What led you to think you might be celiac to begin with? I am assuming you must have had symptoms or you wouldn't have done any testing. If you were gluten free or gluten light then of course your tests would be negative. Even on a full gluten diet some of us have false negative tests. I don't agree with the doctor that if you are gluten free that insures you will react to gluten down the road. There are a folks who have gone gluten free for loved ones and they don't get sick when they eat gluten unless they are having a problem with it to begin with. If I were you I would stick with the diet if it relieved the symptoms that caused you to suspect celiac before you did the enterolab testing.

I had been losing weight without trying,.....gas,bloating,abdominal cramps, and diarrhea that came and went. A new doctor I went to was the one that ordered the test. He is a 'functional medicine' doctor BTW.

My GI doc said I had IBS and GERD,.......irritable bowel syndrome, not the inflammatory type. This was about 5 years ago.
I have been on Nexium on and off since then.

My change in gluten intake was minimal since I don't eat a lot of bread. Main change was in gluten-free pastas. GI doc said it would still show up as a problem.

In all honesty the only difference I can note at this point is I have far less loose stools. I still cramp and get gas/bloating although it MIGHT be slightly less since I have cut back on gluten.
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#4 ravenwoodglass

 
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Posted 25 February 2011 - 02:11 PM

I had been losing weight without trying,.....gas,bloating,abdominal cramps, and diarrhea that came and went. A new doctor I went to was the one that ordered the test. He is a 'functional medicine' doctor BTW.

My GI doc said I had IBS and GERD,.......irritable bowel syndrome, not the inflammatory type. This was about 5 years ago.
I have been on Nexium on and off since then.

My change in gluten intake was minimal since I don't eat a lot of bread. Main change was in gluten-free pastas. GI doc said it would still show up as a problem.

In all honesty the only difference I can note at this point is I have far less loose stools. I still cramp and get gas/bloating although it MIGHT be slightly less since I have cut back on gluten.


Celiac and gluten intolerance are autoimmune disorders. Your body makes antibodies to gluten and even a very small amount of gluten will keep those antibodies active. To really get benefit from the diet you can't just cut back on gluten you have to eliminate it completely. That means avoiding wheat, rye, barley and oats and taking care to prevent cross contamination, like not using a toaster that has been used for gluten breads to toast your gluten-free bread or using a strainer for gluten-free pasta that has been used for wheat pasta.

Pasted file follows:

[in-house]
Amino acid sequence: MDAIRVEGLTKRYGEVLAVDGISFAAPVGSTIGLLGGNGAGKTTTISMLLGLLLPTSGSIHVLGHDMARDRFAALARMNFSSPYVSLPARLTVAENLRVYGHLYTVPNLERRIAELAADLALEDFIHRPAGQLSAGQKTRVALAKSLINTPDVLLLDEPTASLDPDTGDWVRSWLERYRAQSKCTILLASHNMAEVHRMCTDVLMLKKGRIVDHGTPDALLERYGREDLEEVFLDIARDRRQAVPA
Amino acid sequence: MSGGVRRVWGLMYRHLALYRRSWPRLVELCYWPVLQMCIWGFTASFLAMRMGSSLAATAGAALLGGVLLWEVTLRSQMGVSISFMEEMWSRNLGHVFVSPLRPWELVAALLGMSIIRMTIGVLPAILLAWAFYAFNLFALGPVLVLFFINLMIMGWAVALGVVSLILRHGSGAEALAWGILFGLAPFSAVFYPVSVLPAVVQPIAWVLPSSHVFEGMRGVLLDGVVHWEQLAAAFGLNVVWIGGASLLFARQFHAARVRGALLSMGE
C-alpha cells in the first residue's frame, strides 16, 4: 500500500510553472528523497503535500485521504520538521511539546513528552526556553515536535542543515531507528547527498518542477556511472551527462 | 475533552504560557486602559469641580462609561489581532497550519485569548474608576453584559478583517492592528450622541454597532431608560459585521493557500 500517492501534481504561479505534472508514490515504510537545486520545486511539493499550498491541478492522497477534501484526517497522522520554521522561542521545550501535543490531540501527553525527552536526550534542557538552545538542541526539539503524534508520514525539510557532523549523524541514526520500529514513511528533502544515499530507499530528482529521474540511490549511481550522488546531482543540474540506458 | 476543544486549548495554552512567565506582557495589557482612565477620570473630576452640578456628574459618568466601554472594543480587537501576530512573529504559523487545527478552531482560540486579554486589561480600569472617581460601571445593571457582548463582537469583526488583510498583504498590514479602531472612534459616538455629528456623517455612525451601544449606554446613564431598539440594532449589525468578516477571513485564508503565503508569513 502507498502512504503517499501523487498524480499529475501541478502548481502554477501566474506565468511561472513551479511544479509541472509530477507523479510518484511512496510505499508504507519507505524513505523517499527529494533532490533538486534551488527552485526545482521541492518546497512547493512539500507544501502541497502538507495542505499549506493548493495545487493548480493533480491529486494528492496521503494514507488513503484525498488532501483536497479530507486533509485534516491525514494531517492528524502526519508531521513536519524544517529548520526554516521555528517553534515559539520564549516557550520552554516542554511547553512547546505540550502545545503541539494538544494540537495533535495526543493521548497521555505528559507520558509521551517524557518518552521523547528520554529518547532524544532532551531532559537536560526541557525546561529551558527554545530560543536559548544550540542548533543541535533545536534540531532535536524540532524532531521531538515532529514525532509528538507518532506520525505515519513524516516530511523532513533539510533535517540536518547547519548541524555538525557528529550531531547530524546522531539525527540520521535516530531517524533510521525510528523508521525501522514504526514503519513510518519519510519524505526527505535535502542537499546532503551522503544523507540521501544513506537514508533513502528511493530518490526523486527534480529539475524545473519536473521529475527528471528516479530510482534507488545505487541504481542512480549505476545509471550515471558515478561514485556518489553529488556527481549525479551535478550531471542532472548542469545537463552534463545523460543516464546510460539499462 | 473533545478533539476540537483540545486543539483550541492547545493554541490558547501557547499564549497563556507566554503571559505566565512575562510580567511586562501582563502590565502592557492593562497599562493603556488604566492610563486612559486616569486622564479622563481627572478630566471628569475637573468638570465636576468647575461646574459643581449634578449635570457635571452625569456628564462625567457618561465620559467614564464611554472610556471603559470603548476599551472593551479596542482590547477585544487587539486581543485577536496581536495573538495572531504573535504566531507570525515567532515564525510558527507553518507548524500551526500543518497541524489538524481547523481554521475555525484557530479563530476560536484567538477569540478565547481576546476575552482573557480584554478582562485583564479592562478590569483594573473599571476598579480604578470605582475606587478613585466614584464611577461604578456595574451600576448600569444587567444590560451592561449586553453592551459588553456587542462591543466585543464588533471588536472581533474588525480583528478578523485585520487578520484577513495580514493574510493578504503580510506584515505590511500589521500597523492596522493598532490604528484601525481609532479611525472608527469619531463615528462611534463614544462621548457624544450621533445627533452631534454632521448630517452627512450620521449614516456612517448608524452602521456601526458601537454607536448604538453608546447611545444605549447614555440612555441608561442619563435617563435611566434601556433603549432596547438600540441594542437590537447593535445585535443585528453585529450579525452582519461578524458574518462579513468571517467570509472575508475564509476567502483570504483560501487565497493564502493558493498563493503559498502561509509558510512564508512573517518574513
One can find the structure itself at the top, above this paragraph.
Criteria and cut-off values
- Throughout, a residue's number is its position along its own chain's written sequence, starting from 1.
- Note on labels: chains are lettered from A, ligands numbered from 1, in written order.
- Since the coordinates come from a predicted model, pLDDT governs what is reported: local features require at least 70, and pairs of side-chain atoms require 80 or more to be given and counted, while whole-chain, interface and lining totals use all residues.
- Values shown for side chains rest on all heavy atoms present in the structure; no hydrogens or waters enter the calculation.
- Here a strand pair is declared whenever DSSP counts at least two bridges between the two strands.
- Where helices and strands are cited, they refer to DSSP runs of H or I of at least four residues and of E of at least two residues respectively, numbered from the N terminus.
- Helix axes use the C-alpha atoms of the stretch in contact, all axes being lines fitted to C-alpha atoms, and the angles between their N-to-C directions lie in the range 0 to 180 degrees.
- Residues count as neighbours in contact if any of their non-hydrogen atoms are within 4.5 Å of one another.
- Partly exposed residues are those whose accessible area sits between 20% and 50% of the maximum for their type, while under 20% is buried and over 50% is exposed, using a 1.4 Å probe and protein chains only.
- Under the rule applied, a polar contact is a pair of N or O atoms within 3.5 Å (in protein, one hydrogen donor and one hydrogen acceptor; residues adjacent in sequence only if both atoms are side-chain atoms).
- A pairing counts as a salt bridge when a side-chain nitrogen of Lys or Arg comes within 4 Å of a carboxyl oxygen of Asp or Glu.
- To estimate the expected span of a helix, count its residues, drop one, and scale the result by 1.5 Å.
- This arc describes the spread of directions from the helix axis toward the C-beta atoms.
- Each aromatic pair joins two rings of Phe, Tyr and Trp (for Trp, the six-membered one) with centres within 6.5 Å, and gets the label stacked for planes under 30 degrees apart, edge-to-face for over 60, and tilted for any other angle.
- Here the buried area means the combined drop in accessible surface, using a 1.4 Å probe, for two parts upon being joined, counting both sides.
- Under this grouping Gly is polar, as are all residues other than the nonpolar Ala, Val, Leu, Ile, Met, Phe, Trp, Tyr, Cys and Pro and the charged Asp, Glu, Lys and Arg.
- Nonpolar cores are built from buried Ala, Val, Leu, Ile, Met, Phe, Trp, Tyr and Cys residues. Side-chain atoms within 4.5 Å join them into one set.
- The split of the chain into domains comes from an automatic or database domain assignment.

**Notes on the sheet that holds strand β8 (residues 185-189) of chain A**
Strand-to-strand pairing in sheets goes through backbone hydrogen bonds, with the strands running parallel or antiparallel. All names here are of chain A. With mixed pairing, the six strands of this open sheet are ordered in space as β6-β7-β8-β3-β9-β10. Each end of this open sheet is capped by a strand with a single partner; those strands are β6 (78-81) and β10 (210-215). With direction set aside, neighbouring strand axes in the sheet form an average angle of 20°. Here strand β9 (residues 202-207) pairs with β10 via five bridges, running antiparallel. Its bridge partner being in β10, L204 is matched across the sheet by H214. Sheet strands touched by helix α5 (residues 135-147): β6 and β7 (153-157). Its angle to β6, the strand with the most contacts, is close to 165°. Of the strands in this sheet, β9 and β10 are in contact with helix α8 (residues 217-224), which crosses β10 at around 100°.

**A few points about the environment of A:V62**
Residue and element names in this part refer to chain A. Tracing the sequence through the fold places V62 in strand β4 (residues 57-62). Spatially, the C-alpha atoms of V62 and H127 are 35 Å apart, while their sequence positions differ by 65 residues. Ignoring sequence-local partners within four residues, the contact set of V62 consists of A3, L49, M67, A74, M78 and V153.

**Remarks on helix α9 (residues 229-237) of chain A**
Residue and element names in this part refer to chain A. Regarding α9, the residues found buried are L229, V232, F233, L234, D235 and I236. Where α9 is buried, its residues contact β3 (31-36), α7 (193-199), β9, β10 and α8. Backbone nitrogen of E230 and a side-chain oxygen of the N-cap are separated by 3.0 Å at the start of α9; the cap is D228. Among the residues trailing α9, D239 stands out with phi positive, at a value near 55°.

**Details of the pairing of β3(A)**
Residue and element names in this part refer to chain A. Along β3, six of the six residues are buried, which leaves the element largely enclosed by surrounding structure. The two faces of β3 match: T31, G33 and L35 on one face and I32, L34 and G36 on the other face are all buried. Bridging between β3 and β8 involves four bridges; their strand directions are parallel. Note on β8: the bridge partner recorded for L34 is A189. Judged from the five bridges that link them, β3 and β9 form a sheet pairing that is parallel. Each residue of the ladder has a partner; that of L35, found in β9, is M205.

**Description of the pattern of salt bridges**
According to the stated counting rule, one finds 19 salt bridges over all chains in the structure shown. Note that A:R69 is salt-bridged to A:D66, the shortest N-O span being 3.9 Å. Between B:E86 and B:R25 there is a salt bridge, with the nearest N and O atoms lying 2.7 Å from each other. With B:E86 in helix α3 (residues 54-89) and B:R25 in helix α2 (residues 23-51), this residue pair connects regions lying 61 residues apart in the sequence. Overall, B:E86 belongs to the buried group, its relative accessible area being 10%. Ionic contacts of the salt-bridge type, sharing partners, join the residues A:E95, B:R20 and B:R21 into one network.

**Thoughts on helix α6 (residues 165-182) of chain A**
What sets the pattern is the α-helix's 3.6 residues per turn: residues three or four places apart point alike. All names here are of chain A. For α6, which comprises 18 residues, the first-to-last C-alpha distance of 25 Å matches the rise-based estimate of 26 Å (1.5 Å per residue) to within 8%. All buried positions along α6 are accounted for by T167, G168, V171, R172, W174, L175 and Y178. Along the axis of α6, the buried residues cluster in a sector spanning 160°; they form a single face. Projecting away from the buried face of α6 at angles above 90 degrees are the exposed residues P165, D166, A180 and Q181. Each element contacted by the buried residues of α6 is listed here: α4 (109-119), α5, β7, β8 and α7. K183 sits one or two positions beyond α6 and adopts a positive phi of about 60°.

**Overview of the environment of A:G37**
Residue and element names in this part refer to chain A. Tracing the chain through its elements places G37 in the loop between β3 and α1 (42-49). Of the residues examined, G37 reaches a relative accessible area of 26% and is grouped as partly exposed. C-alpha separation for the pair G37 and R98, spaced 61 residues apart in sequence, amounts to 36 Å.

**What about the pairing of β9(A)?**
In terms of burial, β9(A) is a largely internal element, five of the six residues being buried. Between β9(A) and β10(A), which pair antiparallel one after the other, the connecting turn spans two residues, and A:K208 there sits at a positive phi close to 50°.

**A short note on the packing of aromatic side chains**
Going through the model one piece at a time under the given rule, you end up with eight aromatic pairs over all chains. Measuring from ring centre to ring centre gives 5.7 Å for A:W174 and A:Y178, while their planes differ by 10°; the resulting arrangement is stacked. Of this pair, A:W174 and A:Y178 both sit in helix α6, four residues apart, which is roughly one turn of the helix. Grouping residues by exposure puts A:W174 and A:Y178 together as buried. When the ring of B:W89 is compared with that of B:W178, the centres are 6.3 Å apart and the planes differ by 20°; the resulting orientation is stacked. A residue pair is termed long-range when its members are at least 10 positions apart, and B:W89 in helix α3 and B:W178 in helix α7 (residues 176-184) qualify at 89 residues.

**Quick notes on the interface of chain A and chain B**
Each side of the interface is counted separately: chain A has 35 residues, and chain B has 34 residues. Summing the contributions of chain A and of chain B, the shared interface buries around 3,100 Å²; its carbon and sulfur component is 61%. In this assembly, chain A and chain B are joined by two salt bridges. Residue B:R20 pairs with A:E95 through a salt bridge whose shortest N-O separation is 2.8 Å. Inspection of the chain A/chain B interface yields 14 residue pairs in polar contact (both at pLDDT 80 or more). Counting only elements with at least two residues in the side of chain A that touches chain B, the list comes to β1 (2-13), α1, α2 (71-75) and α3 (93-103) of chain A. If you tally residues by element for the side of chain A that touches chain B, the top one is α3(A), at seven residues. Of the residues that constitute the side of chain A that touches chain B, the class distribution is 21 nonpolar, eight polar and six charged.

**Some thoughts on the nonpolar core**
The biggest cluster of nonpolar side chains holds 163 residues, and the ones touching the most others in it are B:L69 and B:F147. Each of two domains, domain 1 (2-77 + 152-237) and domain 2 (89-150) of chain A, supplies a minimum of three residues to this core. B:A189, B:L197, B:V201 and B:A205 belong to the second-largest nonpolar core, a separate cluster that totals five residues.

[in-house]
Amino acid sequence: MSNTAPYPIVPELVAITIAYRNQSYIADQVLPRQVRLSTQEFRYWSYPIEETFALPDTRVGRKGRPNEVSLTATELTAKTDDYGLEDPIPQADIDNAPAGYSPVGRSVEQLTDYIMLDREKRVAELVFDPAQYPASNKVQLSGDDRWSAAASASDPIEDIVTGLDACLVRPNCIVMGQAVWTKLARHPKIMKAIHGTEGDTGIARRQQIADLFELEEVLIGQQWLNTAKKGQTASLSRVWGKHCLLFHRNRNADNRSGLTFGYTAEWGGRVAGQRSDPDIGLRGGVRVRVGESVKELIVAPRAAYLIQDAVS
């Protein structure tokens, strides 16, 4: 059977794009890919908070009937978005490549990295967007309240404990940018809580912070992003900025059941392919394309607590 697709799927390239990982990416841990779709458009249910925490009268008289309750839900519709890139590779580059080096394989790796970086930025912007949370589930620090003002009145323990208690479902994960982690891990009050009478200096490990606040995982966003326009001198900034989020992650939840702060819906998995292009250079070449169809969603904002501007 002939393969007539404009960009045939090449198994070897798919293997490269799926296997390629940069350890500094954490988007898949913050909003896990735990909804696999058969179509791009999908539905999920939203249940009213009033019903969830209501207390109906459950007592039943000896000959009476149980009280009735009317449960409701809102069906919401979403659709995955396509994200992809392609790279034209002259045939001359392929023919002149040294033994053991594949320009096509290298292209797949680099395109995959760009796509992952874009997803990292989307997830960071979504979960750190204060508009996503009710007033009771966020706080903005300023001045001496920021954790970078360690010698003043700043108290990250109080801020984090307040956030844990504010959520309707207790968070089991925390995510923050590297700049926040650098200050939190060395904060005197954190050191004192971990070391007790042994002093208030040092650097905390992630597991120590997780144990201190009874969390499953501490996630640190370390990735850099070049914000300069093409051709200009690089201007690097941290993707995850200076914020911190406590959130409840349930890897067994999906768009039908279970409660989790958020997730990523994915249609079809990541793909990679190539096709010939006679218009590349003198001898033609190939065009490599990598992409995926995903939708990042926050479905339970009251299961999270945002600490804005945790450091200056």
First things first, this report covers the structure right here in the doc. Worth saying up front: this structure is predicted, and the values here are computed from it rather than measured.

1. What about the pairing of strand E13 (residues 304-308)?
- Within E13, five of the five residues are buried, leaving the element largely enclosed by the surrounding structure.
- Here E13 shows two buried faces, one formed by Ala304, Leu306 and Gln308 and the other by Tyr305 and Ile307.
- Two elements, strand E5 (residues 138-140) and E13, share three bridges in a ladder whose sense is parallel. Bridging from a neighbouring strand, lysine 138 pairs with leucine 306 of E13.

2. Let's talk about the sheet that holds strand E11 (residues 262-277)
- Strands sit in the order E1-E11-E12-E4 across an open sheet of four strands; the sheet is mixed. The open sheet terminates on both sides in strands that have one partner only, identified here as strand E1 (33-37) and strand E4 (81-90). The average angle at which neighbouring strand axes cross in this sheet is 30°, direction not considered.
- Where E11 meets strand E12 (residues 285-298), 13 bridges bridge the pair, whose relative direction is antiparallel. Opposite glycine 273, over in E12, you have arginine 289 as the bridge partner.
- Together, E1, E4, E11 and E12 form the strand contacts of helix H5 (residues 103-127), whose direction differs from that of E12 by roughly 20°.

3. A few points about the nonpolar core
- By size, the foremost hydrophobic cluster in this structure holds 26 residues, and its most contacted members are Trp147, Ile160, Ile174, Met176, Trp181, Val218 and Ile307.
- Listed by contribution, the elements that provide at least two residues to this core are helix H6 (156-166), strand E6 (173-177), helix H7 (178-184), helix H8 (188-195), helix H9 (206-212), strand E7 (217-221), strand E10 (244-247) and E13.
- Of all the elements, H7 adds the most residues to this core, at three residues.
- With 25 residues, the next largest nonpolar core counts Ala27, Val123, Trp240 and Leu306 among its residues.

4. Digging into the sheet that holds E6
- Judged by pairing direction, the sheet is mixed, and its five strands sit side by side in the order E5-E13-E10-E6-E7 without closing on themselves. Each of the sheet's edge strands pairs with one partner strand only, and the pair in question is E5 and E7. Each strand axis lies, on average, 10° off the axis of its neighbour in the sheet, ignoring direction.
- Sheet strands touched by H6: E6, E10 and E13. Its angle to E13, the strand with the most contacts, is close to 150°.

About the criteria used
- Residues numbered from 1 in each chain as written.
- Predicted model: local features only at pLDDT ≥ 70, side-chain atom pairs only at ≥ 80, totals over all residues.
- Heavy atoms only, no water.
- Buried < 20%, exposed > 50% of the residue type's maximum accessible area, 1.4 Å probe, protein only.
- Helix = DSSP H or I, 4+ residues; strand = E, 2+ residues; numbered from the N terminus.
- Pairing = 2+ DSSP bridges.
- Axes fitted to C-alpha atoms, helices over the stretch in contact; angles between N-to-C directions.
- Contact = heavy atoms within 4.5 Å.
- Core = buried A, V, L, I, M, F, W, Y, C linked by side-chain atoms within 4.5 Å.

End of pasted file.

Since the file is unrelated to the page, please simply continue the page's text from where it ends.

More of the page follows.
If you go to the home page here you can find lists of what is allowed and what to avoid.
Only by eliminating gluten totally can you really heal and stop the antibody reaction.
  • 0
Courage does not always roar, sometimes courage is the quiet voice at the end of the day saying
"I will try again tommorrow" (Mary Anne Radmacher)


celiac 49 years - Misdiagnosed for 45
Blood tested and repeatedly negative
Diagnosed by Allergist with elimination diet and diagnosis confirmed by GI in 2002
Misdiagnoses for 15 years were IBS-D, ataxia, migraines, anxiety, depression, fibromyalgia, parathesias, arthritis, livedo reticularis, hairloss, premature menopause, osteoporosis, kidney damage, diverticulosis, prediabetes and ulcers, dermatitis herpeformis
All bold resoved or went into remission with proper diagnosis of Celiac November 2002
Some residual nerve damage remains as of 2006- this has continued to resolve after eliminating soy in 2007

Mother died of celiac related cancer at 56
Twin brother died as a result of autoimmune liver destruction at age 15

Children 2 with Ulcers, GERD, Depression, , 1 with DH, 1 with severe growth stunting (male adult 5 feet)both finally diagnosed Celiac through blood testing and 1 with endo 6 months after Mom